Thesis title: Demand Response: Benefits for Domestic Consumers
Primary supervisor: Mark Barrett
Secondary supervisor: Catalina Spataru
Start date: May 2012
Projected completion date: March 2017
Delivering on Government’s carbon saving commitments will require the decoupling of economic growth and carbon emissions. This will require a system where electricity supply is largely decarbonized, with a future generation mix which is likely to consist mainly of distributed, variable renewables and large in-flexible nuclear plants. These changes will present two central challenges for the electricity grid.
Firstly, it will be more difficult for the grid operator to match supply and demand while the national electricity demand and generation profiles both vary daily and seasonally. Secondly, the transmission and distribution networks will need to be upgraded and reinforced in order to cope with greater demand from heat pumps and electric vehicles and a significant amount of reserve, peaking generation capacity may have to be constructed.
Demand side response may offer a solution to these issues. Modern communications and computing technology will be a key enabler, allowing smart energy networks to be developed which efficiently utilise limited resources. Significant work has been undertaken on the technical delivery and system level economics but very little on customer behavior and how they might be encouraged to participate in the provision of flexible energy services.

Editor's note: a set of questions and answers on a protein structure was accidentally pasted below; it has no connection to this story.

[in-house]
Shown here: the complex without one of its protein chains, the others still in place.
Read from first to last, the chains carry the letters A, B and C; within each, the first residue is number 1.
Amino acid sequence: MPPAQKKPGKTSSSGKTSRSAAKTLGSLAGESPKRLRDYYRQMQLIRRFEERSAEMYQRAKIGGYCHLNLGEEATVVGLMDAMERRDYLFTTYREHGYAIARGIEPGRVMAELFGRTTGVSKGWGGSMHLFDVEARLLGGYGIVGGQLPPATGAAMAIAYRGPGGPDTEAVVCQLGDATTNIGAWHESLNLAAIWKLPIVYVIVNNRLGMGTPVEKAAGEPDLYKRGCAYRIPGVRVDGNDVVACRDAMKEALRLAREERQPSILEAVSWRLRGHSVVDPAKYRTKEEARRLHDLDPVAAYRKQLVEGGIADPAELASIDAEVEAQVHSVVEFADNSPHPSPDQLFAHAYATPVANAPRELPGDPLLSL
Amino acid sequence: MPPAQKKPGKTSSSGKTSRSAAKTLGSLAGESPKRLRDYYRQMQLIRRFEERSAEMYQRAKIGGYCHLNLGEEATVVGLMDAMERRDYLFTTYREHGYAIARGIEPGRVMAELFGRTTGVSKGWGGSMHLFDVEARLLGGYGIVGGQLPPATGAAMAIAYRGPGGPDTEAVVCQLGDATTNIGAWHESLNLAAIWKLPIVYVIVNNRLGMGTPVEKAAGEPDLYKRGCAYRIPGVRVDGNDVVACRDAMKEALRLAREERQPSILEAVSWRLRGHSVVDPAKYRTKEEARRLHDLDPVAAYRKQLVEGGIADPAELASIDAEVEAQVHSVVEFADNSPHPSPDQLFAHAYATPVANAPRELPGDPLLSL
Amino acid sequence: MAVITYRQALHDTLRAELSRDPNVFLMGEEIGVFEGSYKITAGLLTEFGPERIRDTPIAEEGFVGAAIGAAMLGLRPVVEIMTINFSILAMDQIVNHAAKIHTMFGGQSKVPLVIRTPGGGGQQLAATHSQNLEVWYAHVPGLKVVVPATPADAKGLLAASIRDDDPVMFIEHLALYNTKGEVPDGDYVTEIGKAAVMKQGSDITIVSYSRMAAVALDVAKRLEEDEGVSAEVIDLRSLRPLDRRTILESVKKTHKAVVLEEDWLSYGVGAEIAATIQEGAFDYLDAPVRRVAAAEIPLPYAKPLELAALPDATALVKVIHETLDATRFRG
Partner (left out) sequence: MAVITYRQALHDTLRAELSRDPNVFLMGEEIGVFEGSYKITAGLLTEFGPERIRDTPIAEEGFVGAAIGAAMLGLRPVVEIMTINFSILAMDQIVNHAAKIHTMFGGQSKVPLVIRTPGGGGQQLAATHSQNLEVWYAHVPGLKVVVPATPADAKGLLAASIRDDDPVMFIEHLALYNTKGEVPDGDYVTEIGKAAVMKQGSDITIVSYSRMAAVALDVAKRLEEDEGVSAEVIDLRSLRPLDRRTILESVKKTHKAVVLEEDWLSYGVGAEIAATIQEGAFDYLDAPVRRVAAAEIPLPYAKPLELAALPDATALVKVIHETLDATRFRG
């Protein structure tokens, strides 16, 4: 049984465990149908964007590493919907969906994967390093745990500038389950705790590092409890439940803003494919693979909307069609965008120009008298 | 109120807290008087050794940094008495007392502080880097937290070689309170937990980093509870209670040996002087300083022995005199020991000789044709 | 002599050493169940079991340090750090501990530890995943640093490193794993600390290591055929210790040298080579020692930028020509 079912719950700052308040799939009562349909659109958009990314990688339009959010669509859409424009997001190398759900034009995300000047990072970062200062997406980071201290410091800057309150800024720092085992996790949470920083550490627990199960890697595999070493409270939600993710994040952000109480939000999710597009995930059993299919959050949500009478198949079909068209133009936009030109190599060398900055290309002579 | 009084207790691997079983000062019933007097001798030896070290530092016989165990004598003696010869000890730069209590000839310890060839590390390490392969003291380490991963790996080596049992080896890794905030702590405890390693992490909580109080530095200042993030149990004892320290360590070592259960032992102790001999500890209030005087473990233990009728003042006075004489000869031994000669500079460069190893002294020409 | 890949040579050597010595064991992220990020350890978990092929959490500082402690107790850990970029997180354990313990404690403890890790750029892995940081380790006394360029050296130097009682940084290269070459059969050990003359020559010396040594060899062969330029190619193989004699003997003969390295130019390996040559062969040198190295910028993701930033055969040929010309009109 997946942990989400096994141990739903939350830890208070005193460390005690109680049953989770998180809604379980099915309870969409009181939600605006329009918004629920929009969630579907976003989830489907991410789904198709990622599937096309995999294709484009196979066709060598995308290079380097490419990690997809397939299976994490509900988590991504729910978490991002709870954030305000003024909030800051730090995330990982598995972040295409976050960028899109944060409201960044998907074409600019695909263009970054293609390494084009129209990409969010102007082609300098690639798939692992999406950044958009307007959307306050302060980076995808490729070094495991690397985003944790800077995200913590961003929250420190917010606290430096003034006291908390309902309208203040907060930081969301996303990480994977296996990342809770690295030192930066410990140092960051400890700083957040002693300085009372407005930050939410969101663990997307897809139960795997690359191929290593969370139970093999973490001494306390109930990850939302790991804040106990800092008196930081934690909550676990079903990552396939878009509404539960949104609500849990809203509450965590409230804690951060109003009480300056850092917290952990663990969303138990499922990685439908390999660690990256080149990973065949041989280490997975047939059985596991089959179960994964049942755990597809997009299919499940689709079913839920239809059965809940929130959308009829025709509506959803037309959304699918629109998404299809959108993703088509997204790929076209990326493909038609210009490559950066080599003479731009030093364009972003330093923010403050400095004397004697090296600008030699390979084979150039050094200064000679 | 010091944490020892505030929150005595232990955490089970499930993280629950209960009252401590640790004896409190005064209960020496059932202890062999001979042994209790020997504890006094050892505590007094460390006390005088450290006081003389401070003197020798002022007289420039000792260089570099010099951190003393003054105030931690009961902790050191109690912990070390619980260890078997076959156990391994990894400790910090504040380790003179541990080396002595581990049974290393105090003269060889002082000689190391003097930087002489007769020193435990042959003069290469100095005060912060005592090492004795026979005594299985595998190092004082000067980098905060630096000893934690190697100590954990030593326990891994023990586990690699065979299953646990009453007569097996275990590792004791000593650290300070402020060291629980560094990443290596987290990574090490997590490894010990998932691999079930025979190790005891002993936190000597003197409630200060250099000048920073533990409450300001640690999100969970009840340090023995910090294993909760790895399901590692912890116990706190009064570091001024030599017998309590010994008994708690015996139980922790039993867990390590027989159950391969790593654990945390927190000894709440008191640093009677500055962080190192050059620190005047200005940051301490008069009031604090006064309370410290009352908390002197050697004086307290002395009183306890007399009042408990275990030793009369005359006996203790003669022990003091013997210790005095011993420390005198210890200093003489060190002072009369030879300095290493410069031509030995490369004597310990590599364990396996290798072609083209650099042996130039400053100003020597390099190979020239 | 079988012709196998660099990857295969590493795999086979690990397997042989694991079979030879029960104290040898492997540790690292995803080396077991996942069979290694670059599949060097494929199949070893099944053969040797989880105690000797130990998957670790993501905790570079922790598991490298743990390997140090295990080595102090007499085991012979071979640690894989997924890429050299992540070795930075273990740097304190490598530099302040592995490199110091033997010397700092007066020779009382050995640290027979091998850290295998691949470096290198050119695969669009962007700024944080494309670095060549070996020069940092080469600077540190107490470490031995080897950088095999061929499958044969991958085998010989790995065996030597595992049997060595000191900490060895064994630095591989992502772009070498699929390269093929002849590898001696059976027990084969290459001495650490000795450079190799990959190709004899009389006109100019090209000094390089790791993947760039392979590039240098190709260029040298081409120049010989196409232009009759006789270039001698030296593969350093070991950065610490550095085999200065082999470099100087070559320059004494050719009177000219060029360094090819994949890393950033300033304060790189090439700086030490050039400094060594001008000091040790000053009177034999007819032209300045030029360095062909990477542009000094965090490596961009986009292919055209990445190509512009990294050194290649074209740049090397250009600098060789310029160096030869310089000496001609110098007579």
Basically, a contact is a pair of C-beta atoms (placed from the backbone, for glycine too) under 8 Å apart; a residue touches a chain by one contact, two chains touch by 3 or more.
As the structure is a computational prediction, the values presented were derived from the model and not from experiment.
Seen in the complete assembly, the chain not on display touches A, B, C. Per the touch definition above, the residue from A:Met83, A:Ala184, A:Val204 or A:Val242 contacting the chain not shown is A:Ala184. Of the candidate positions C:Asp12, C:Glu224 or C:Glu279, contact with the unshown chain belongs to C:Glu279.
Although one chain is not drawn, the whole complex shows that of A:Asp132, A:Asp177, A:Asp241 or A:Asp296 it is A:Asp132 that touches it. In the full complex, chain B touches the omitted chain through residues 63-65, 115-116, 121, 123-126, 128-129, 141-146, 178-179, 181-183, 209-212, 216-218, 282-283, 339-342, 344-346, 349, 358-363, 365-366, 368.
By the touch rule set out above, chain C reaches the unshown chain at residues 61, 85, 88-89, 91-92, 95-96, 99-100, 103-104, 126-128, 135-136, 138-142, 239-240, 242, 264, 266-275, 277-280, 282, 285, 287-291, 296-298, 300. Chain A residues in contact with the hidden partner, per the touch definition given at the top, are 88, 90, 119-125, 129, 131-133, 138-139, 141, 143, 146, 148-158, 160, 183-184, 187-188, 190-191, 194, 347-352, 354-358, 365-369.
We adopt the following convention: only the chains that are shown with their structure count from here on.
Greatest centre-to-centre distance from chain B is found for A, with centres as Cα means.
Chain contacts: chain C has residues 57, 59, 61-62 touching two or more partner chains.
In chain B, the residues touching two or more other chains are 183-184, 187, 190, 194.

The PhD research will examine the economics of demand response with the aim of quantifying the potential benefits for domestic consumer. In order to do this the potential market for demand response will be quantified using existing models of the UK electricity system. The potential capacity of individual homes will be examined using monitored data. Finally, potential value chains and business models will be explored in order to understand the barriers to adoption and opportunities for aggregators and others.
Trevor’s background in the Built Environment having completed his BSc in Architectural Technology at Cork Institute of Technology in 2009. He has worked in a technical capacity in architecture and design practices both in Ireland and the UK.
Trevor went on to study the MSc Environmental Design and Engineering (EDE) course at the Bartlett School of Graduate Studies. His dissertation research was focused on the economics of carbon saving, comparing cost effectiveness of refurbishment vs. rebuilding by taking a case study of two buildings which were part of a large regeneration project in Clapham.
After graduating from EDE Trevor joined PassivSystems where he works as a Techno-Economist applying his knowledge of buildings and construction to the realm of energy research. His work explores the economic, technological and behavioral aspects of energy use in the home, examining how these might interact to form the drivers of a future smart-grid.
Trevor returned to UCL in 2012 to complete his PhD which is supported by PassivSystems and focuses on the economics of delivering responsive electricity demand particularly focusing on how benefits can accrue to domestic consumers.
Publications and Other Work
Sweetnam, T. and Croxford, B. (2011) A carbon, energy and cost assessment of whether to refurbish or rebuild aging UK residential blocks. CIBSE Technical Symposium. UK.